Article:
In cyberspace, attackers are honing their skills and using more advanced techniques to silently compromise systems. Advanced threat protection systems offer targets a way to defend themselves against determined intruders. Here’s how.
To understand what advanced threat protection is and why it’s so important, we have to understand advanced persistent threats (APTs). These are attacks in which an intruder gains access to and slowly infects large parts of a network, lurking unseen while stealing valuable data.
Network intrusions aren’t new—hackers have been finding their way into systems for decades—but APTs refine and formalize these techniques with military rigor, using strict methodologies designed for efficiency and stealth. Network defenses must evolve to cope, which is where advanced threat protection comes in.
An advanced attack on a network consists of multiple stages. Just like bullet resistant glass uses multiple layers to slow and hopefully stop a projectile, advanced threat protection presents obstacles at each step. It uses a mixture of defense in depth and enhanced visibility to help thwart attackers by combining protective measures at multiple points in your infrastructure.
The primary stage of an advanced attack involves gaining access to the network. Intruders frequently find their way in by compromising an endpoint. The first component of an advanced threat protection solution is therefore endpoint protection.
Antimalware solutions can help to secure desktop and mobile devices from malicious attachments and links. These can be complemented by network-based email malware scanning systems that stop malicious emails before they even reach a target’s mailbox. In addition, traffic scanners can monitor outbound network connections and block those trying to reach malicious online destinations.
What if an attacker somehow gains control of an endpoint in spite of these measures? Then, the next stage of the attack begins as they move laterally through the network, finding other parts of the infrastructure and infecting those too.
Finally, when intruders have infected as much of the infrastructure as they can, they can execute their attack. This generally involves stealing information and moving it off the target’s systems. It can go on for months or even years.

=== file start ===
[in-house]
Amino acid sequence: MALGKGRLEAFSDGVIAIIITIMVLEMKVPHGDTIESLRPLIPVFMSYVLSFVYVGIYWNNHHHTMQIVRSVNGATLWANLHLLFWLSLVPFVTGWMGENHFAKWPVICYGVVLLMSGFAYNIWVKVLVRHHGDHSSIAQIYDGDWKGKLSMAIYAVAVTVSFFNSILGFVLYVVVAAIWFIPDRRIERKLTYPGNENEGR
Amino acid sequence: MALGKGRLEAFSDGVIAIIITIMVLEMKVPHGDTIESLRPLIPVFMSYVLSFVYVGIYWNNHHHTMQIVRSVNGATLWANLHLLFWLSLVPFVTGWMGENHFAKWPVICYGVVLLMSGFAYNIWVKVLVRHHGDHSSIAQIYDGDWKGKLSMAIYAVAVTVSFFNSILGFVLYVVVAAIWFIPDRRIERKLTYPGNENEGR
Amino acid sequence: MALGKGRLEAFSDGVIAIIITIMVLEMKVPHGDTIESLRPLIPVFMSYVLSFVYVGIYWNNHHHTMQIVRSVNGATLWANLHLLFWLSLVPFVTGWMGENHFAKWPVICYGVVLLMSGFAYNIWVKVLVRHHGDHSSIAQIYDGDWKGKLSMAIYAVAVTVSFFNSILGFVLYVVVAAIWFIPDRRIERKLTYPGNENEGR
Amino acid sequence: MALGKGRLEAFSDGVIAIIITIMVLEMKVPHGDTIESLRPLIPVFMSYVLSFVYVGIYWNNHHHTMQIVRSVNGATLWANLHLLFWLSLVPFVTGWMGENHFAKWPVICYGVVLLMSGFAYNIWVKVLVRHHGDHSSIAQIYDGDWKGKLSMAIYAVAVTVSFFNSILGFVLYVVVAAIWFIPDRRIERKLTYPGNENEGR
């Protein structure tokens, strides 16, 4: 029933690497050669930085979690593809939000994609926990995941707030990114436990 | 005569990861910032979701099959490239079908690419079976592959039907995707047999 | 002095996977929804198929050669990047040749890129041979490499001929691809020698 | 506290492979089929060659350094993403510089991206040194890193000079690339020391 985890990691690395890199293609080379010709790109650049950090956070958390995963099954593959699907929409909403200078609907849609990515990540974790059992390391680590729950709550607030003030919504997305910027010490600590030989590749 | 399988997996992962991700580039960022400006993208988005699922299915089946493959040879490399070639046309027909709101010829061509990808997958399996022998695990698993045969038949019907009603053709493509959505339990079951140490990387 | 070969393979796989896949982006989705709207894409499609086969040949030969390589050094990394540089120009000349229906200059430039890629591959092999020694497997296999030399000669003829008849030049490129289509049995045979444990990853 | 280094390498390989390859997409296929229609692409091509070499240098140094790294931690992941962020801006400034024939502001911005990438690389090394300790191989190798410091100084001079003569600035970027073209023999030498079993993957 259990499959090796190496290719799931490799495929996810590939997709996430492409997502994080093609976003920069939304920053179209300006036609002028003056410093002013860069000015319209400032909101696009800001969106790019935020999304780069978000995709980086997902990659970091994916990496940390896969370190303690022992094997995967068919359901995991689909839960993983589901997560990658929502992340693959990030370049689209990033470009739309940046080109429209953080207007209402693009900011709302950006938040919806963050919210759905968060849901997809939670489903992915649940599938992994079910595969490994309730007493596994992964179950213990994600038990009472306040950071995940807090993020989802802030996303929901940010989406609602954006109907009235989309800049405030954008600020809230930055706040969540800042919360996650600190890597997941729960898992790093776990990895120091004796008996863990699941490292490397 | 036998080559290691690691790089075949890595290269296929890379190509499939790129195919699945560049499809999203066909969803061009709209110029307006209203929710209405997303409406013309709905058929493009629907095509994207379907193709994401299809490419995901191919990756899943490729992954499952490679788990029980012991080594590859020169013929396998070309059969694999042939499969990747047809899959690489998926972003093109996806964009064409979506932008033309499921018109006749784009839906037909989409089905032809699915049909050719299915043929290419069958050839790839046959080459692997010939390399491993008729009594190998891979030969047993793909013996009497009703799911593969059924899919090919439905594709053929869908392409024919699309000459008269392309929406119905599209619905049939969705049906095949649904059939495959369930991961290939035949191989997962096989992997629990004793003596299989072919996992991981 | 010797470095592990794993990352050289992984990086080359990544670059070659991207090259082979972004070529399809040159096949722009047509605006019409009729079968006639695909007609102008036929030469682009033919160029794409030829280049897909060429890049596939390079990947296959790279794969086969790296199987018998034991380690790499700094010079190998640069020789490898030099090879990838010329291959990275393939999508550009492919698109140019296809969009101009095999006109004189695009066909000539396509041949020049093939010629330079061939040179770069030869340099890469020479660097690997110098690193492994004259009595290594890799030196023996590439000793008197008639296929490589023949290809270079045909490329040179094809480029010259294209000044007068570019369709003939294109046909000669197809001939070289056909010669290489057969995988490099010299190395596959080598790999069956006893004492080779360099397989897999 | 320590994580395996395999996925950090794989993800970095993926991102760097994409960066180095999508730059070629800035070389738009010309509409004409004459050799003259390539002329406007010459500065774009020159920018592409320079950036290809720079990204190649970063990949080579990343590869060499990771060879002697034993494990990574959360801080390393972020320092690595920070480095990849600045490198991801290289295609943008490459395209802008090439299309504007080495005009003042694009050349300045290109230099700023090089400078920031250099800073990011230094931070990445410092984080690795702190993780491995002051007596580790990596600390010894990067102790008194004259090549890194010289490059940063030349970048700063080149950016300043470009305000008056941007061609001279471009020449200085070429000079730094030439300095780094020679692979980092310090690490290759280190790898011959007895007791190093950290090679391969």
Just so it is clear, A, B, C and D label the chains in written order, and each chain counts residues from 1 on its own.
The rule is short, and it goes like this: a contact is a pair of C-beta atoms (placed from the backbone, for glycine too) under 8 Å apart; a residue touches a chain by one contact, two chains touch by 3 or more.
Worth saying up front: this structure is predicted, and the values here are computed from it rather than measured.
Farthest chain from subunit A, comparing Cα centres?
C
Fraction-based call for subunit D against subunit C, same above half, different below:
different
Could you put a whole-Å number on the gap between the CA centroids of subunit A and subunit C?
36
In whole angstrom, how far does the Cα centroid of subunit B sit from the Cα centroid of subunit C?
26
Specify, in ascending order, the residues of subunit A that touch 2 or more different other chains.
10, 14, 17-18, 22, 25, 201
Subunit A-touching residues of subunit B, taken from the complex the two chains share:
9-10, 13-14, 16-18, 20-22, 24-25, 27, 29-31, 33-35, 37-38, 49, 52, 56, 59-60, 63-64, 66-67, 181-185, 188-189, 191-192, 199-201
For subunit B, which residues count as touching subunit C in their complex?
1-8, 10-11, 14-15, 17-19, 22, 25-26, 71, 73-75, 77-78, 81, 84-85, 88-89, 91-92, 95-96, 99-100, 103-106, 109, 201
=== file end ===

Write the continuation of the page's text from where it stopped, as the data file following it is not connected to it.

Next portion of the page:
Network-based defenses can help to spot and block attacker activities during these later phases, too. Traffic scanners can prevent infected endpoints from reaching command and control servers to download an attacker’s instructions and payloads. A network or host intrusion prevention system can also watch the network for indicators of compromise in the form of unusual internal traffic. If it spots a potential threat, it can quarantine any machines that it identifies as a source of compromise.
The smartest intruders are those that fly under the radar, using techniques to obfuscate their attacks. These techniques include fileless malware, which infects computer memory but doesn’t leave telltale artifacts on a hard drive. Attackers may also use legitimate tools such as PowerShell to spread their attacks and steal information without raising the alarm in a technique known as living off the land.
These techniques are difficult to spot, which makes network visibility an important aspect of advanced threat protection. Aggregating and monitoring system logs enables administrators to spot network incidents that may seem innocuous on their own but which ring alarm bells when found together. An advanced threat protection system might also allow administrators to set rules that are triggered by suspicious events such as inappropriate system access or unexpected communications between different systems.
The final component of an advanced threat protection arsenal is outward visibility.
This knowledge comes in the form of threat intelligence. Specialist service providers gather known threat information from across the internet, identifying historical and ongoing threats by examining malicious traffic and logging its sources. This helps companies to understand emergent attack patterns so that they can be prepared for intruders before they begin rattling the doors on their networks.
An advanced threat protection system can significantly reduce your chances of compromise, but companies looking for true defense in depth can and should go still further. User education, antisocial engineering campaigns, and strict information security policies can mitigate the risks even more, as can proper cybersecurity hygiene in the form of regular software patches, application whitelisting, and access protection.
Every extra layer of defense you add to your network will help make you a harder target. In a world where cyberattacks are becoming increasingly intense, defenders need all the help they can get.
Tim Brown is VP of Security for SolarWinds MSP. He has over 20 years of experience developing and implementing security technology, including identity and access management, vulnerability assessment, security compliance, threat research, vulnerability management, encryption, managed security services, and cloud security. Tim’s experience has made him an in-demand expert on cybersecurity, and has taken him from meeting with members of Congress and the Senate to the Situation Room in the White House. Additionally, Tim has been central in driving advancements in identity frameworks, has worked with the US government on security initiatives, and holds 18 patents on security-related topics.
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